Why is the boost::fast_pool_allocator built on top of a singleton pool, and not a separate pool per allocator instance? Or to put it another way, why only provide that, and not the option of having a pool per allocator? Would having that be a bad idea?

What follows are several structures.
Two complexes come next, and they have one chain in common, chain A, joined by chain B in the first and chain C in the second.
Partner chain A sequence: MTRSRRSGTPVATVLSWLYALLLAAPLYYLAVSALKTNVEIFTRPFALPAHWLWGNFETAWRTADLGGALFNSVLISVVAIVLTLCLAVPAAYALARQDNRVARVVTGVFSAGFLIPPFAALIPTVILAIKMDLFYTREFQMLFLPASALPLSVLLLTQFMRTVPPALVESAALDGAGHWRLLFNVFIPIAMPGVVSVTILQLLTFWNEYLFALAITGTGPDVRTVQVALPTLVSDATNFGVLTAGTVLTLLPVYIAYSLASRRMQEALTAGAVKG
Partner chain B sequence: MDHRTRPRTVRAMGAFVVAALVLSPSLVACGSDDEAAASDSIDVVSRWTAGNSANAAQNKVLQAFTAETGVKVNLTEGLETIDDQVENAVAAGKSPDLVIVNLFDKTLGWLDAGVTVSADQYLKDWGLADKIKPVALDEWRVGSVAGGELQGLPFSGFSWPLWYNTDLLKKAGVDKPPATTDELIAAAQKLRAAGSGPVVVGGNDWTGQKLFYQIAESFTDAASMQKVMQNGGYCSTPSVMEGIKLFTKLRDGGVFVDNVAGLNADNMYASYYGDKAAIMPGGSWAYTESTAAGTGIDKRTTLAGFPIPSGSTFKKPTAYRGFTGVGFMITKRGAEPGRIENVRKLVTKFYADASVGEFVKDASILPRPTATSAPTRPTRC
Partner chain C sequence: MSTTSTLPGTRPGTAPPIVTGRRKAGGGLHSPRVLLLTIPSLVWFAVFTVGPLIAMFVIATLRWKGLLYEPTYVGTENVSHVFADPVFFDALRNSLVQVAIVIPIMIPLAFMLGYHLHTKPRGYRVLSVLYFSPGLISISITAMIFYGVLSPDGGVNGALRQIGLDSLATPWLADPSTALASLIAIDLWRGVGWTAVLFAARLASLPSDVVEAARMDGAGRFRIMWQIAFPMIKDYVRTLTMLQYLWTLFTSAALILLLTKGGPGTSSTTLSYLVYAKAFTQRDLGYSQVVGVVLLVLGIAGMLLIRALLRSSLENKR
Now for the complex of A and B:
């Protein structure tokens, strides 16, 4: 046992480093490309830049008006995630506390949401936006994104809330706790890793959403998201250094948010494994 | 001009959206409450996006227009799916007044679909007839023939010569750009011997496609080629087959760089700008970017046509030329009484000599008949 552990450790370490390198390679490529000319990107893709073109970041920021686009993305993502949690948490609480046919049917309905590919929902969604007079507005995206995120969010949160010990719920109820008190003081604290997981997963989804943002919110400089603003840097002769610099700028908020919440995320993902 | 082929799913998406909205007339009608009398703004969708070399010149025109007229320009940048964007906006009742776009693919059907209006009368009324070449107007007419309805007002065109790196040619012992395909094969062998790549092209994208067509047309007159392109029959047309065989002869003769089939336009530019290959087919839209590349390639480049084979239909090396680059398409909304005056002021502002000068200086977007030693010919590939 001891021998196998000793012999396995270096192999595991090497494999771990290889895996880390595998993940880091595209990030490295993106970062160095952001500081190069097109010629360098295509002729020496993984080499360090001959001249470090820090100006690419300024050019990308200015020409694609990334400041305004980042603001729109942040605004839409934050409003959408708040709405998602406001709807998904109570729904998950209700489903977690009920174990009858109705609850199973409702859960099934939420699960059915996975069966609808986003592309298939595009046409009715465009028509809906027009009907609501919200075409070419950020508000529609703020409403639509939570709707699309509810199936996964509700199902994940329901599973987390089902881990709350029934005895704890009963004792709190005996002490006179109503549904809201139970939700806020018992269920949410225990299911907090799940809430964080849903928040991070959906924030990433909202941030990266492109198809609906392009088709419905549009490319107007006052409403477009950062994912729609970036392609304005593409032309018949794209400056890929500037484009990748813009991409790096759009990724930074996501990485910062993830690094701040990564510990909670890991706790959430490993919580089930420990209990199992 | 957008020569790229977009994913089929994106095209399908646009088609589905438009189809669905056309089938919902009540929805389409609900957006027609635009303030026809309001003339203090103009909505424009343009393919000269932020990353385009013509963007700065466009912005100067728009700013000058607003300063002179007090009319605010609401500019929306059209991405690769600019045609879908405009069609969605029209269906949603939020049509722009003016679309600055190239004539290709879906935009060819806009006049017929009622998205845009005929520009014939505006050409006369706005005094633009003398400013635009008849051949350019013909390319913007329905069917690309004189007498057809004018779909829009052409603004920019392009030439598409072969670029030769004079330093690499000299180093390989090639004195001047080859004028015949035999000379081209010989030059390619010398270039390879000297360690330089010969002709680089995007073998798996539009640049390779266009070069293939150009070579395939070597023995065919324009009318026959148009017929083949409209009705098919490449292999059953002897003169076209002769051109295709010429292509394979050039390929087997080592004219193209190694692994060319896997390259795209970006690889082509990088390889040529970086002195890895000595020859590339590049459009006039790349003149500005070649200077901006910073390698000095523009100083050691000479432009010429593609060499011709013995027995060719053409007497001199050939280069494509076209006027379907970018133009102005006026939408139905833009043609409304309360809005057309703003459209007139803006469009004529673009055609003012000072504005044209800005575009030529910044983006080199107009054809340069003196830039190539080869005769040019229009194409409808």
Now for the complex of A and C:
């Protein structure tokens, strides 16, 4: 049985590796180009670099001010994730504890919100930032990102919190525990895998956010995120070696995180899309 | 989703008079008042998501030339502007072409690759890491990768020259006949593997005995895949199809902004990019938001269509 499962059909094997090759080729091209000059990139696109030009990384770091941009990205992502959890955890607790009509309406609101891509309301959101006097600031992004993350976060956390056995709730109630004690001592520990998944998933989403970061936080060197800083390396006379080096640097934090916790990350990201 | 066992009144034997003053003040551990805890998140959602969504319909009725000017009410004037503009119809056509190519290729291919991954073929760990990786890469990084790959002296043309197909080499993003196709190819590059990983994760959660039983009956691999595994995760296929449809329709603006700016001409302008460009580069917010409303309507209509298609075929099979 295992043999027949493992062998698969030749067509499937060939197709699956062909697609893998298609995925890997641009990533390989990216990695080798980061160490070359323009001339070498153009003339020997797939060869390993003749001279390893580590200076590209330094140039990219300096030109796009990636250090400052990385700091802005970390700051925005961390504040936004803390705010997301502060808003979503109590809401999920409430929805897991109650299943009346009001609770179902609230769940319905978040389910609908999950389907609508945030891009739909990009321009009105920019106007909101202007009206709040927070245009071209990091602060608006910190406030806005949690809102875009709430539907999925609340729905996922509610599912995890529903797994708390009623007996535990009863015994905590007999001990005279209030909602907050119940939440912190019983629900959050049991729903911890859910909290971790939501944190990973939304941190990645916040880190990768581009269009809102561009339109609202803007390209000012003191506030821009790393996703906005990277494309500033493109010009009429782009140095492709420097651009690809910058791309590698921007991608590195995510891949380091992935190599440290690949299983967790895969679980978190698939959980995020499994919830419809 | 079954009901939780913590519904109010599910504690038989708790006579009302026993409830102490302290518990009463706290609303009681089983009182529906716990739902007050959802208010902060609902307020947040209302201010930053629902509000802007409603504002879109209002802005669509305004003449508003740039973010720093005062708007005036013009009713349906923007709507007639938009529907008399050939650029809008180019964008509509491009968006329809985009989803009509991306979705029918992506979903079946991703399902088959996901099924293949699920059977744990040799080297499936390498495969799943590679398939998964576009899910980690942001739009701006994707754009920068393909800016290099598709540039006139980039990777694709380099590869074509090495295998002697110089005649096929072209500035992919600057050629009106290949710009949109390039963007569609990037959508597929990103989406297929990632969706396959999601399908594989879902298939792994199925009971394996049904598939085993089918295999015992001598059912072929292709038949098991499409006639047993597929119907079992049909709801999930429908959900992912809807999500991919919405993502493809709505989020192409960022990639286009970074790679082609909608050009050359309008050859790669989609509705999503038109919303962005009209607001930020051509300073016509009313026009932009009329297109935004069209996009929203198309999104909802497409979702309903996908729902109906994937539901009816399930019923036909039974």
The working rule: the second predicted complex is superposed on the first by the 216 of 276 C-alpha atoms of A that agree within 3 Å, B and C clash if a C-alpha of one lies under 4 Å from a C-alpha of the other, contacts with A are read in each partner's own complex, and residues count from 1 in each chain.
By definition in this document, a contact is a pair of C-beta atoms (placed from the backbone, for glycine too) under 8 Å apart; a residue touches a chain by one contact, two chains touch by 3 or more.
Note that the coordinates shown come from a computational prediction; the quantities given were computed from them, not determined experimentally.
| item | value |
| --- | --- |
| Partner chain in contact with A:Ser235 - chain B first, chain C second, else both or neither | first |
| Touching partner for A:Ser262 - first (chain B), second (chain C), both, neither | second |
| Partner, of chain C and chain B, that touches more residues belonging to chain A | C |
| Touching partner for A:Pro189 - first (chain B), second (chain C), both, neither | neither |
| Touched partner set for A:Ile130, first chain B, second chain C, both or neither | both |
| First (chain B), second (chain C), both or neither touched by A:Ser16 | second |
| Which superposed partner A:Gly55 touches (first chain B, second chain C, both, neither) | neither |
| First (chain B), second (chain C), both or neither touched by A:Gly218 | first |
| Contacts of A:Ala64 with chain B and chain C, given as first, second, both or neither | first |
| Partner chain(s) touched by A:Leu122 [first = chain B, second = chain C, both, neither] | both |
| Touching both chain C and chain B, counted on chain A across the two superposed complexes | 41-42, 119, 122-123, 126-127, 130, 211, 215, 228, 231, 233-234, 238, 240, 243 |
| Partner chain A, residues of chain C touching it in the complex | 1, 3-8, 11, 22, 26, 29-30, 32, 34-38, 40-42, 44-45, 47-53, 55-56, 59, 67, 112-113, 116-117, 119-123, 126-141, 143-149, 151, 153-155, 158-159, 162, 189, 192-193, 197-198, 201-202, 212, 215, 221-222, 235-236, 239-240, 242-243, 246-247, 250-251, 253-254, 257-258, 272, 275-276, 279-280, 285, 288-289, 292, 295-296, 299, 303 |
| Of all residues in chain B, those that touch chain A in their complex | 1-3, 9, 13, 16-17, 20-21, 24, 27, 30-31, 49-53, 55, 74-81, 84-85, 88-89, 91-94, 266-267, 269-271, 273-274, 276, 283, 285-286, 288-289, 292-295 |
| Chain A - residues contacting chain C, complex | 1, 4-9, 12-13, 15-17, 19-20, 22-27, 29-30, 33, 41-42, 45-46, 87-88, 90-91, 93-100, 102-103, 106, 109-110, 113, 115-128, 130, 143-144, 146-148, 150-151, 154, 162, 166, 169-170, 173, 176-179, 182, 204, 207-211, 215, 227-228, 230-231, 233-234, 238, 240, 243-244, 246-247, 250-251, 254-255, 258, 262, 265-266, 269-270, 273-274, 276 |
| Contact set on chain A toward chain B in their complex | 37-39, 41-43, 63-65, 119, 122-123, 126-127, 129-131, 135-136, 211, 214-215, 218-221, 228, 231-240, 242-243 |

I have a class that internally uses about 10 different boost::unordered_map types. If I'd used the std::allocator then all the memory would go back to the system when it called delete, whereas now I have to call release_memory on many different allocator types at some point. Would I be stupid to roll my own allocator that uses pool instead of singleton_pool?